2. D-Viewer and Orion-CC
Smartphone application provides users with a tool for extracting structural performance parameters by various integrated sensors, processing data automatically, and transmitting data wirelessly to a central server. D-Viewer and Orion-CC (Orion-Cloud Cell) are typical iOS (iPhone Operating System) smartphone applications developed by our research group for Structural Health Monitoring using smartphone, which are currently available for free at the iTunes Store [22, 23].
In SHM practice, the displacement monitoring of bridges has an important effect on the evaluation of the structural safety and the damage detection. Recently, the laser projection-sensing technology has attracted growing interest for monitoring displacement in the field of bridge health monitoring owing to its low cost and ease of operation over traditional measuring methods .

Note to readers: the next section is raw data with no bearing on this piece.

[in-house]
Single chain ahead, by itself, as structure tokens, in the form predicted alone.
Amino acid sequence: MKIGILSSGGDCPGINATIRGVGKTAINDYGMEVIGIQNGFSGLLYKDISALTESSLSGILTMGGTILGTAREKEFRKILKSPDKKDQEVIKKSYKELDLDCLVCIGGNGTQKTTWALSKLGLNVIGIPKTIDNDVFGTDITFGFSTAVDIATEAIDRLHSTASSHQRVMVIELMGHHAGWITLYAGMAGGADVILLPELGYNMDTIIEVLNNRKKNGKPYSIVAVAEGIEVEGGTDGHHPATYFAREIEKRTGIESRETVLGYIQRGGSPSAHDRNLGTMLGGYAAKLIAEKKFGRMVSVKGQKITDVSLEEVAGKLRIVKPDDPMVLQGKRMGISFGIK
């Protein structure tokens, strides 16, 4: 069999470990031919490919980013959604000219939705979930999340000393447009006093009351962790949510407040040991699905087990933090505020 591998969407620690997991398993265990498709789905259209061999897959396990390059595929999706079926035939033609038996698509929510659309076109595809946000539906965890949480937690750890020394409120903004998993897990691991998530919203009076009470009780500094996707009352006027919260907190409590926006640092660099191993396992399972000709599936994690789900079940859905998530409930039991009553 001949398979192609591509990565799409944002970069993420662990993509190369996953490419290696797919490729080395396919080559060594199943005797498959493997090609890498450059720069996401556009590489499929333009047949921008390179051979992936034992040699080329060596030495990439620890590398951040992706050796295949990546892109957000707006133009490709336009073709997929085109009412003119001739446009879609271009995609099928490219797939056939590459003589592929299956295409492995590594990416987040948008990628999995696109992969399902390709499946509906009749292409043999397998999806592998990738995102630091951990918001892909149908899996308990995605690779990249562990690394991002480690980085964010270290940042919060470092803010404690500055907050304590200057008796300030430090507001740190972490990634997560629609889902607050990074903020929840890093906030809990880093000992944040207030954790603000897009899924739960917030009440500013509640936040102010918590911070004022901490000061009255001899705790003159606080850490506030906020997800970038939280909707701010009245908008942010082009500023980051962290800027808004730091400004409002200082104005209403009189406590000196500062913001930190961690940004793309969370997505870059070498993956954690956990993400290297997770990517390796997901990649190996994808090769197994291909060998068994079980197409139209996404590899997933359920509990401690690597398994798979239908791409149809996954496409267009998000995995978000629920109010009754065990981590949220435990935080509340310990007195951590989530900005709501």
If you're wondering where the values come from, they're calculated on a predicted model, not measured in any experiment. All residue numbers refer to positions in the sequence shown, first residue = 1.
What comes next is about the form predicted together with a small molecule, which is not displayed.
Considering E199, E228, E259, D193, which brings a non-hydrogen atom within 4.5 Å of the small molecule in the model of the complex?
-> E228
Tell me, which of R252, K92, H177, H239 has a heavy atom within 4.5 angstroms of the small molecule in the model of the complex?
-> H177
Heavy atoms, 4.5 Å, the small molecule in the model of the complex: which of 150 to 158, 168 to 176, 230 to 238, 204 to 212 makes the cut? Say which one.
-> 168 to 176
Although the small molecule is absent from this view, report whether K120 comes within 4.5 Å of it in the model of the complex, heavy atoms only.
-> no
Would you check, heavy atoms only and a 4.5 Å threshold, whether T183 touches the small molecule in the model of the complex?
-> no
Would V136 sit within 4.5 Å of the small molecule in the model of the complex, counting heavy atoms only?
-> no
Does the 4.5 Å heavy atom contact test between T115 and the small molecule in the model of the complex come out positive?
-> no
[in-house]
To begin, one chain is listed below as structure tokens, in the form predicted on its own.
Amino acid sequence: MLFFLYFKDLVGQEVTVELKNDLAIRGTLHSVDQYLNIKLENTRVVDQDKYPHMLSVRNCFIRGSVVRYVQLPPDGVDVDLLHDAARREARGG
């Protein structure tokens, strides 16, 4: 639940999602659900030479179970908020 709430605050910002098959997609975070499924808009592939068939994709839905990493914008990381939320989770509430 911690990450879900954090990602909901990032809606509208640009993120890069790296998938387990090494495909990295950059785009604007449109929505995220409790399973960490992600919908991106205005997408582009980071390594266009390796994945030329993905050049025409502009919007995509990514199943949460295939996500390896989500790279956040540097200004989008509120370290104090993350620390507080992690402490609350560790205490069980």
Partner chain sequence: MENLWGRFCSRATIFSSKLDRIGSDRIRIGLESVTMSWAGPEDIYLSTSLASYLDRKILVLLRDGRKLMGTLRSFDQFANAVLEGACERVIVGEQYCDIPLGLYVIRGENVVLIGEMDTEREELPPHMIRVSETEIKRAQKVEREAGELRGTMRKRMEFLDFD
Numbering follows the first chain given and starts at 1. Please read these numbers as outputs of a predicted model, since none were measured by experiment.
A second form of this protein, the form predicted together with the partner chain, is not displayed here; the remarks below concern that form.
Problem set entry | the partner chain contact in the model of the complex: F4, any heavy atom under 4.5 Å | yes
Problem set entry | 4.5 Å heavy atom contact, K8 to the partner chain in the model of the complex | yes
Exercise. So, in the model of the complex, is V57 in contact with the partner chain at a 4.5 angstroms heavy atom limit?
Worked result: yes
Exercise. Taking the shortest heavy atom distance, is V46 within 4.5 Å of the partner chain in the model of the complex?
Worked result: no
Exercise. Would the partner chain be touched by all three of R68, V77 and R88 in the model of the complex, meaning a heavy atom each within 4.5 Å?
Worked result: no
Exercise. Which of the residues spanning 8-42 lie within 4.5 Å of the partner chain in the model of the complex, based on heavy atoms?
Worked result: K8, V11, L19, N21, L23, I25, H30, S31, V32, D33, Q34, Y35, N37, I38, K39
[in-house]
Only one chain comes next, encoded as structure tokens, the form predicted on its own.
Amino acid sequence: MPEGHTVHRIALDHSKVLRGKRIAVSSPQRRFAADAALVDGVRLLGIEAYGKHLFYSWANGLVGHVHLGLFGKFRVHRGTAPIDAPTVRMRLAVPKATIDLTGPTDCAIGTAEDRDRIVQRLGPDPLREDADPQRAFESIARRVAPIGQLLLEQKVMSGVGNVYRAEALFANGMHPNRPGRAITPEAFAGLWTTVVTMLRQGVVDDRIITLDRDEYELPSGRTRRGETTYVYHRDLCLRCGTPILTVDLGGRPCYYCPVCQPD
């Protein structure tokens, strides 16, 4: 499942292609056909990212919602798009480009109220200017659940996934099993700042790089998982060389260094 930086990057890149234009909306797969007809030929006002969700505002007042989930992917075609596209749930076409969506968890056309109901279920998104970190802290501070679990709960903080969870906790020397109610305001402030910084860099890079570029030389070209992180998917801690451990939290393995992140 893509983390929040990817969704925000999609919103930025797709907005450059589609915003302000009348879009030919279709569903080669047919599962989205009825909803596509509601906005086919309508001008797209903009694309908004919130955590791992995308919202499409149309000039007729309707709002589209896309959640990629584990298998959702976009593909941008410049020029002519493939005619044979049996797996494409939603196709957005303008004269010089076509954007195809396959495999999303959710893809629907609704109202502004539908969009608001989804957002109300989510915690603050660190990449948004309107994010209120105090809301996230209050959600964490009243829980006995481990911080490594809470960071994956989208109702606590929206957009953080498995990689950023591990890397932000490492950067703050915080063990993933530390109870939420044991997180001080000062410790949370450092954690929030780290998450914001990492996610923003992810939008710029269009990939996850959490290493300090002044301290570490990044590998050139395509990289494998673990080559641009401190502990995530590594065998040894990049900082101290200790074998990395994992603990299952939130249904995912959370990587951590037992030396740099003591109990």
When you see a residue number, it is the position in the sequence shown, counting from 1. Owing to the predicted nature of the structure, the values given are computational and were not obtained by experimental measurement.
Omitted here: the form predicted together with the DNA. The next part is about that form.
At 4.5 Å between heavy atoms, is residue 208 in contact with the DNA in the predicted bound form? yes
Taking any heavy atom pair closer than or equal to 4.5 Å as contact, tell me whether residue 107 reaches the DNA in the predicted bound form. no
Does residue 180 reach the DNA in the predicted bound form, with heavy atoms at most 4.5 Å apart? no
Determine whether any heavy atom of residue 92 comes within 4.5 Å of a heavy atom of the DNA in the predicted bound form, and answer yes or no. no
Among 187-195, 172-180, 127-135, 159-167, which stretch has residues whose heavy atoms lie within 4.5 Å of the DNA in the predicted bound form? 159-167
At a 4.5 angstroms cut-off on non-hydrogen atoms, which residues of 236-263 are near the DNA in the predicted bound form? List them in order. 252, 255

D-Viewer is a smartphone application for monitoring structural dynamic displacement with the aid of laser device and projection plate. A laser device is installed on the monitored object, the movement of the laser spot shot on the projection plate is recognized by the camera of smartphone, and then the real-time structural displacement is obtained by means of image processing method. Figure 1 shows the initial setup interface. In this interface, the region of interest (ROI) and the function of front or rear camera can be selected for recognizing the movement of the laser spot; the diameter of a black circle as the calibration reference can be set to determine the ratio between the actual size and the pixel size of the black circle in advance. The interface of displacement monitoring is shown in Figure 2. Further details regarding operation guide and image processing method can be found in .